Cover: The Invisible Children: School Integration in American Society, from Harvard University PressCover: The Invisible Children in E-DITION

The Invisible Children

School Integration in American Society

Available from De Gruyter »

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E-DITION

$65.00 • £54.95 • €60.00

ISBN 9780674420342

Publication Date: 01/01/1978

289 pages

World

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As the controversy continues to rage over school busing to achieve racial balance, one vital question is being virtually ignored. How are the black children faring? Ray Rist offers this book to show—in depth and objectively— what it means to black children to be faced with white realities on a day-to-day basis and what it means to the educational process in general.

Rist’s book traces the experiences of one school during its first year of integration. The school is in Portland, Oregon, and Rist observed and participated in the process he narrates from the moment the first black students stepped off the bus. He wanted to find out what would actually happen to the children, and as he reports their reactions and those of their teachers, parents, and principal. It becomes clear that assimilation, which takes no account of black realities, is not a viable form of integration, either educationally or socially. The approach to desegregation most favored by white America is thus sharply called into question.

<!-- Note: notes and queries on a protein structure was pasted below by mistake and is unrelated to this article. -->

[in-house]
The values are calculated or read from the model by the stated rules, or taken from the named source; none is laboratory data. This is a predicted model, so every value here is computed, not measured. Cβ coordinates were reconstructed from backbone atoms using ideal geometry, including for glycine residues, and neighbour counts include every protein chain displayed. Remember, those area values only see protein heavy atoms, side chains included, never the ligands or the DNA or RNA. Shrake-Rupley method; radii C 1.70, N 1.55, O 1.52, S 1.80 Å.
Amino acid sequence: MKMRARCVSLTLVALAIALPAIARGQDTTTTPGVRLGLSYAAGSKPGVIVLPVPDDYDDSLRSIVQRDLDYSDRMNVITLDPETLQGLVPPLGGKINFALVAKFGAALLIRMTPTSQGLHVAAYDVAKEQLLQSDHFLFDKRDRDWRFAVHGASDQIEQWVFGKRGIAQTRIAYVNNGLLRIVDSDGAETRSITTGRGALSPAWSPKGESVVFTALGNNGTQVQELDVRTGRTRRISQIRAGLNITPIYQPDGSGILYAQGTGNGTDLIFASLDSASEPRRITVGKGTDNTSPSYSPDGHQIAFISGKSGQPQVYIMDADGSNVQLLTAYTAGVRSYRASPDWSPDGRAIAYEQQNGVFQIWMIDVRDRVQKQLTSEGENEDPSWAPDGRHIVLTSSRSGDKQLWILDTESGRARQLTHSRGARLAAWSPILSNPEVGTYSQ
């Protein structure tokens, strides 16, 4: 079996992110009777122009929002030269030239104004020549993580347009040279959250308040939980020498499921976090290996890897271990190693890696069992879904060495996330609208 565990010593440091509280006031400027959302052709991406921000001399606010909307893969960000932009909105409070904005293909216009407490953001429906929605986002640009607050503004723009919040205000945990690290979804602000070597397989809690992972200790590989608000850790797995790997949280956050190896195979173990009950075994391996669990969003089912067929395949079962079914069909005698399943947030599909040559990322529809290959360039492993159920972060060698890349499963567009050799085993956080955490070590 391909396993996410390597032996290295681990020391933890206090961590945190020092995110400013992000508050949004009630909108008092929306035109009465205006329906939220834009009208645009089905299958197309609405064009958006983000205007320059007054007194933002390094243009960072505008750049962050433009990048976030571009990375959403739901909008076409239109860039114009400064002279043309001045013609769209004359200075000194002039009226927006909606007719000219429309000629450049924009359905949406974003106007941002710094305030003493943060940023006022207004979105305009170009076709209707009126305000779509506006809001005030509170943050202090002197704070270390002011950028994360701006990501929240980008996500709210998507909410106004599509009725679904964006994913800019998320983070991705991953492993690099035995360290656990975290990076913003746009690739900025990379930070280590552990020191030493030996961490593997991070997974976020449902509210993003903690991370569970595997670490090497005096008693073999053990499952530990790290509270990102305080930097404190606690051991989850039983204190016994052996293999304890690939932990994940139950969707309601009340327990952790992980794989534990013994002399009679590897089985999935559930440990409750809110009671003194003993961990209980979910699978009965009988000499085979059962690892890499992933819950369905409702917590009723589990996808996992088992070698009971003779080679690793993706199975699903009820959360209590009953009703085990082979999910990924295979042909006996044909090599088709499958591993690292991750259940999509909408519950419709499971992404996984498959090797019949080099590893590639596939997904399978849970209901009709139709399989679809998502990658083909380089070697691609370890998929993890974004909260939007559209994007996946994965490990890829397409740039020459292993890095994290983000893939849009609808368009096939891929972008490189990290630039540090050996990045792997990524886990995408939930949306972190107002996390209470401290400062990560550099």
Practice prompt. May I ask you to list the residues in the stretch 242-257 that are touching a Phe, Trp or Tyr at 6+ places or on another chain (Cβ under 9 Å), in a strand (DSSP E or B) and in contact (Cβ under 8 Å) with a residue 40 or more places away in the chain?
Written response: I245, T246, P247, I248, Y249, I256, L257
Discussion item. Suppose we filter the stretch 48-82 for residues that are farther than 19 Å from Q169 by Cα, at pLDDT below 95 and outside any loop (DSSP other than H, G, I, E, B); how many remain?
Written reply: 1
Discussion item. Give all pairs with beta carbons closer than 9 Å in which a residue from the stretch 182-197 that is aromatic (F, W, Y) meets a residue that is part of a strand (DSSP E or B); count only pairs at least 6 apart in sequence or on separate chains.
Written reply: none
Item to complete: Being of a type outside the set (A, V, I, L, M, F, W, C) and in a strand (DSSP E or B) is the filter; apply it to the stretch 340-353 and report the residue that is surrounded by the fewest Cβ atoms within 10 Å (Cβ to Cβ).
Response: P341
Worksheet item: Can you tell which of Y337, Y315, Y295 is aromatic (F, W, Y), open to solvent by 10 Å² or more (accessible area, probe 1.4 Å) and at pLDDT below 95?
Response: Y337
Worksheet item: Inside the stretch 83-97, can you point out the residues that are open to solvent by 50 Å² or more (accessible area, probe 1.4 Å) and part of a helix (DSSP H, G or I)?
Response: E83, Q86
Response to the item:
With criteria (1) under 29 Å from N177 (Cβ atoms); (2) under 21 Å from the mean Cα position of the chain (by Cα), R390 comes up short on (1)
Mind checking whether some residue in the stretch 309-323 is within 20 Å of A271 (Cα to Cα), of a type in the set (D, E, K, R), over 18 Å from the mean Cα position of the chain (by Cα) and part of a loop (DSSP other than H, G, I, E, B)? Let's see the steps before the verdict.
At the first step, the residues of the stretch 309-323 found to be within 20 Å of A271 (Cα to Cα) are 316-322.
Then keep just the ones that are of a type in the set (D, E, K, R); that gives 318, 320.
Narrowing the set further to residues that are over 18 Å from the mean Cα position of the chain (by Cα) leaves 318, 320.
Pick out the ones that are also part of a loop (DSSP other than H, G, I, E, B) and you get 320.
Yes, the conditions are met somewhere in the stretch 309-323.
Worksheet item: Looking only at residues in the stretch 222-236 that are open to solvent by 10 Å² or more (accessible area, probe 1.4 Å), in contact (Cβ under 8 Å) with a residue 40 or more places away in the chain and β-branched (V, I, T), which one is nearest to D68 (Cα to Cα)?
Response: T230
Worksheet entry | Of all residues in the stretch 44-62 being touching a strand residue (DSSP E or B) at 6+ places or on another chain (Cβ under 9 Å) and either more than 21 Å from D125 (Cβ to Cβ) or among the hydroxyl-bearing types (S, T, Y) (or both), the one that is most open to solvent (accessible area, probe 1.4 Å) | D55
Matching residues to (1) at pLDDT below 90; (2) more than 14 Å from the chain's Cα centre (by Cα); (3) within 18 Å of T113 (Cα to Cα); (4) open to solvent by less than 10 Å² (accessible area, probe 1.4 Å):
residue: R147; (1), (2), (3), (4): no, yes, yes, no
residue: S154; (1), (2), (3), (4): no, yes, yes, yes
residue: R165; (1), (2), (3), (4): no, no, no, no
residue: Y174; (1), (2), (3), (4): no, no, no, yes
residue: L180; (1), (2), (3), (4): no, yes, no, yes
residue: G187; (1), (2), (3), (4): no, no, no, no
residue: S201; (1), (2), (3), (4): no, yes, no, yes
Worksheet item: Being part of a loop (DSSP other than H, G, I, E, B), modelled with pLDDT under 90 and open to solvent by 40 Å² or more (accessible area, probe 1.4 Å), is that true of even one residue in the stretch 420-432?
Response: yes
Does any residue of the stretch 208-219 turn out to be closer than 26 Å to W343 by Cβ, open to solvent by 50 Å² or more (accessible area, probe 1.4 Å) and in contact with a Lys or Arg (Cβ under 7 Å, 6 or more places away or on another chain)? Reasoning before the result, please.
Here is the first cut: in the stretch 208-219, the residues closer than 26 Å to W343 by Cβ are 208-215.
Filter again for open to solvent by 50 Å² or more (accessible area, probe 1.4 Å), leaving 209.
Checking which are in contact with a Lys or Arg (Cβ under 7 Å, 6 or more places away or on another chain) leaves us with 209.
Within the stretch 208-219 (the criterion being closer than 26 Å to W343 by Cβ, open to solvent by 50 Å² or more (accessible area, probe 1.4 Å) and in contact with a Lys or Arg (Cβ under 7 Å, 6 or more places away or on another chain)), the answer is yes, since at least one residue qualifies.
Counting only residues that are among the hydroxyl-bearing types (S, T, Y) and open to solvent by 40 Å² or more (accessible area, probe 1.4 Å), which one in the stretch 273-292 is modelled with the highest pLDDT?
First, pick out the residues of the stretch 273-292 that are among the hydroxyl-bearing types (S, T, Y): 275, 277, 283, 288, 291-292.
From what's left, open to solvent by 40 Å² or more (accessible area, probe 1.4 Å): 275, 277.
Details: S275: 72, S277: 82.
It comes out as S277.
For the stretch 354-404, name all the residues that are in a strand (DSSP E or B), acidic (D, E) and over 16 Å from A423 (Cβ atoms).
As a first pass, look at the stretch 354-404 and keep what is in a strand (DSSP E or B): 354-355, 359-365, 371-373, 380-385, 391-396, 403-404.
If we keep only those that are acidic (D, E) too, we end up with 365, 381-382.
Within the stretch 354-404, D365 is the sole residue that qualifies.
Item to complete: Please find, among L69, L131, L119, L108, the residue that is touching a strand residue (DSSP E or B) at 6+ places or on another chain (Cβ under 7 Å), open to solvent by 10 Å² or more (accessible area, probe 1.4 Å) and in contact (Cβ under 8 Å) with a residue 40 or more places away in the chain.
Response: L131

The graphic findings and clear-cut conclusions of this book cannot be ignored in future discussions of school integration.

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Jacket: An Inquiry into Modes of Existence: An Anthropology of the Moderns, by Bruno Latour, translated by Catherine Porter, from Harvard University Press

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In awarding Bruno Latour the 2021 Kyoto Prize for Arts and Philosophy, the Inamori Foundation said he has “revolutionized the conventional view of science” and “his philosophy re-examines ‘modernity’ based on the dualism of nature and society.” Below is an excerpt from An Inquiry into Modes of Existence: An Anthropology of the Moderns. For more than twenty years, scientific and technological controversies have proliferated in number and scope, eventually reaching the climate itself. Since geologists are beginning to use the term “Anthropocene” to designate the era of Earth’s history that follows the Holocene